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ARI 8, MIA 7; Live by the long ball, die by the long ball

On the heels of a seven-game winning streak, the Marlins have now dropped four straight.

Anthony Bender #55 of the Miami Marlins reacts after allowing a home run to Pavin Smith #26 of the Arizona Diamondbacks (not pictured) during the ninth inning at loanDepot park Photo by Michael Reaves/Getty Images

MIAMI, Fla.—Frustrating: that’s the best way to describe the outcome of Wednesday’s game and the entire Diamondbacks series. Like the previous games in the series, Miami’s starting pitching left a lot to be desired. Unlike the previous games, the Marlins got on the board first and neither team could hold a lead.

But there was hope! Let’s go through it.

The first inning went the Marlins’ way with Jon Berti taking Madison Bumgarner deep in the first at bat in the bottom of the first. Three straight flyouts followed him and the Marlins had a 1-0 lead heading into the second.

The game was seemingly handed to the Marlins on a silver platter when Bumgarner was ejected by umpire Dan Bellino. The veteran lefty got tossed following a sticky substance check. It is not my place to comment on umpiring decisions and the like, but from what we’ve seen of the incident, MadBum was ejected without reason. (Major League Baseball later confirmed that the ejection was not related to foreign substances.)

Then Payton Henry briefly seized the spotlight. Can a backup catcher win a Gold Glove? (I know, I’m insane, just roll with it.) Payton made multiple excellent defensive plays around home plate to cut down runners trying to bunt or score. AND he got his first hit of the season to drive in a run in the bottom half of the second to put the Fish up 3-0!

That score would hold until the fourth inning, then the wheels fell off. A walk, cue-shot double, triple to the corner, infield single, and a home run combined to tack 5 runs onto Elieser Hernandez. The very first pitch he threw to a batter his third time through the Arizona order was sent over the center field wall. After getting the final out in the fourth, Lilo’s day was done.

Marlins starting pitchers in this series—Hernandez, Pablo López and Trevor Rogers—combined to allow 14 runs (13 of them earned) in 13 innings.

The D-backs extended their lead to 6-3 when they tacked on another run off Tanner Scott in the sixth inning. Scott’s run was unearned due to a misplayed ball by everyone’s favorite outfielder, Bryan De La Cruz. BUT, he made up for it by driving in two runs!

With two outs in the seventh inning, the Jon Berti show came back for Act II. He followed up his first-inning, leadoff home run with a two-out shot into the lounge in left! That seemed to light a fire under Jesús Aguilar. The accomplished run producer has mostly been settling for singles so far in 2022, but he cranked a pitch down the middle to make it back-to-back homers, bringing the Marlins back within one.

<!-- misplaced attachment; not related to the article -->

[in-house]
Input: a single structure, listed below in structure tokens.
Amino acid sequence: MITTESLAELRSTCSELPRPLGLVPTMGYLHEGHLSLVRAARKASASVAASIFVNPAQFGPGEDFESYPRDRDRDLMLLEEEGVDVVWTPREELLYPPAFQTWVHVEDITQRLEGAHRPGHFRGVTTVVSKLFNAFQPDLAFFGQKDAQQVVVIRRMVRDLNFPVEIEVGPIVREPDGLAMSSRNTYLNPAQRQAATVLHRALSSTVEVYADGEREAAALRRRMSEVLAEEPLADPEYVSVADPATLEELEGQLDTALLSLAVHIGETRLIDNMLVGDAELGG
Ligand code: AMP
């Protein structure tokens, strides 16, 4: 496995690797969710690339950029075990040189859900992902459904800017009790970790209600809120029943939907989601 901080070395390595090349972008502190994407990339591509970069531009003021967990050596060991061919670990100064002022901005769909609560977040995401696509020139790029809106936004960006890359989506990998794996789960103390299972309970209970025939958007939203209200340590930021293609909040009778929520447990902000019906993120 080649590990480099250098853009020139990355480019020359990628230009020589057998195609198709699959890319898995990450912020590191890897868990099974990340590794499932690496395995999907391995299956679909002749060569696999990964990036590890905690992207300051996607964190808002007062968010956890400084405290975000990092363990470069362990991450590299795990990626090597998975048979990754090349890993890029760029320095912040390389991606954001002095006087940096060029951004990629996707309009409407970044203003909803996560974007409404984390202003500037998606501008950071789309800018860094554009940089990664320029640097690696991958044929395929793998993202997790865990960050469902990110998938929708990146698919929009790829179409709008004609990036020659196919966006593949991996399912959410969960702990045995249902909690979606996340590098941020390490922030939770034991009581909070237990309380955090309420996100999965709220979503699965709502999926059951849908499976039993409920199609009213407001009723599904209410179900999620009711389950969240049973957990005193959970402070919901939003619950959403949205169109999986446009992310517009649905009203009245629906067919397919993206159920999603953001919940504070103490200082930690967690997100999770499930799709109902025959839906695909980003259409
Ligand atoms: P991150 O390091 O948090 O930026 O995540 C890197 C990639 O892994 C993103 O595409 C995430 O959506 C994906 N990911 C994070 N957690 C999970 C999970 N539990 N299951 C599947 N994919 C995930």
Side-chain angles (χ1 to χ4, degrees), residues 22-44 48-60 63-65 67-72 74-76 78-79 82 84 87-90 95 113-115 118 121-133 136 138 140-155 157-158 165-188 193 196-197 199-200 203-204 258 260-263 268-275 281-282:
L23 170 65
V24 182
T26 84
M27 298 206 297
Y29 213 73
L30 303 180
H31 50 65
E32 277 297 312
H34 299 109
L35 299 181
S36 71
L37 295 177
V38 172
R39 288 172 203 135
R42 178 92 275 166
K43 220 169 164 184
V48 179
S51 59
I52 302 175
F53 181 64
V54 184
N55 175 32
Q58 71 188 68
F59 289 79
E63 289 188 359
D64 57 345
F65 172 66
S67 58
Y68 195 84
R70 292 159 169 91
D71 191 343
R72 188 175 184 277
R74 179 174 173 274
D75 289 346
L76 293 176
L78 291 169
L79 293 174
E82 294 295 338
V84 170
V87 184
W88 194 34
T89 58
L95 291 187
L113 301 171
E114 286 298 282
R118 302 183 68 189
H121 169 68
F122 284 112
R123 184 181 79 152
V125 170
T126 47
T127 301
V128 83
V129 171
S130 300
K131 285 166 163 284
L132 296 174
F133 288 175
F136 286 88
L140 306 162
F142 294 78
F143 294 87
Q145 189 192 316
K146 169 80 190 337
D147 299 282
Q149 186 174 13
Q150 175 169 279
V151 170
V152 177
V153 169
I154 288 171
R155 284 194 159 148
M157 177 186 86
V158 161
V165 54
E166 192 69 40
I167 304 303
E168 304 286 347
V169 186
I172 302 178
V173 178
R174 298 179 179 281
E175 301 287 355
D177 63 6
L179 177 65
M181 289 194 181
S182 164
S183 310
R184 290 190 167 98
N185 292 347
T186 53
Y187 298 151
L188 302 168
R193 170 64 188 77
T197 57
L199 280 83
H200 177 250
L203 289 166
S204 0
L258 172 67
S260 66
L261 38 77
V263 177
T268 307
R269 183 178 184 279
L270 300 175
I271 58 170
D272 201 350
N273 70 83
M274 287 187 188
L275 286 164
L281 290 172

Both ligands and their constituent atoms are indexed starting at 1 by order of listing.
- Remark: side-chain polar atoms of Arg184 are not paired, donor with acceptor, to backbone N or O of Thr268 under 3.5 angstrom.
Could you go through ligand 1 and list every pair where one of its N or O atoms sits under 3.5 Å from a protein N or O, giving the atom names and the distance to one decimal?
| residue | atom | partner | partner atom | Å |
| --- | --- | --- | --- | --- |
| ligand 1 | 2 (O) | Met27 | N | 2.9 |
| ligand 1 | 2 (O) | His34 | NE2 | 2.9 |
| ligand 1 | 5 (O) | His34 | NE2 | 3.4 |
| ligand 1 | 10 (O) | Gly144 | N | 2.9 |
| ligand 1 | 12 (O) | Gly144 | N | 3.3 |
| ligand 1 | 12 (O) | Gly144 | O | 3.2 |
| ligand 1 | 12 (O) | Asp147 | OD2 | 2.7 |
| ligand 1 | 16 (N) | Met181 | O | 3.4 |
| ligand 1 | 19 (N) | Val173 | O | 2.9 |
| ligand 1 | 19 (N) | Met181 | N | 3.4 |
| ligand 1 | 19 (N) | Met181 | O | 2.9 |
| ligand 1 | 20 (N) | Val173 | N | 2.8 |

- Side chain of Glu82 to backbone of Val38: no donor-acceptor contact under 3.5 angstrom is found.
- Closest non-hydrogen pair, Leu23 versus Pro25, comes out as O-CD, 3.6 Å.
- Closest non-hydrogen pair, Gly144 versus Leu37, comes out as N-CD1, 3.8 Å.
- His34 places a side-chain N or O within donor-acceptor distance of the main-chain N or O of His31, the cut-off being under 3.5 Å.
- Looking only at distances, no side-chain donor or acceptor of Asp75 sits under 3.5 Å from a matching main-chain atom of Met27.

Henry and Aguilar put on a defensive clinic in the top of the eighth—Henry making a slick play on a sac bunt and Aguilar following that up with a game-changing catch and force double play!

Then the fun intensified in the bottom half of the frame. Brian Anderson and Jazz Chisholm Jr. had back-to-back one-out singles, and Miguel Rojas moved Andy to third on a flyout. So what does Bryan De La Cruz do? HE. HITS. THE. BALL. His single to the left side tied the game and moved Jazz to third for Payto...Oh no, pack it in boys: Avi García’s pinch-hitting!

Before García could squander this golden opportunity, Kenyan Middleton unleashed a wild pitch. THERE GOES JAZZ, AND THE MARLINS HAVE THE LEAD!

(I won’t say how García’s at-bat ended—you can make an educated guess on your own.)

So the Marlins had a 7-6 lead as Anthony Bender jogged out to the mound for the top half of the ninth inning.

  • First batter; strikeout looking
  • Second batter: uh oh...line drive single

And then, we were treated to the signature Anthony Bender lead-flipping home run, courtesy of South Florida’s own Pavin Smith. Devastating. Frustrating. All the adjectives!

When the pitching is great, the bats are silent, Marlins lose.

When the pitching is subpar, the bats are hot, bullpen lets it slip, Marlins lose.

Don Mattingly’s Postgame Press Conference

Win Probability Chart - D-backs @ Marlins Baseball Savant

Something has to give and it has to give soon. Where is Max Meyer? Why can’t Avi García hit the ball? Why is Jon Berti so good? And one of these days can I PLEASE COVER A MARLINS WIN?!?! Just one?!?!

Now, as I get kicked out of the pressbox cause it’s way too late to be here, the Marlins are off to San Diego!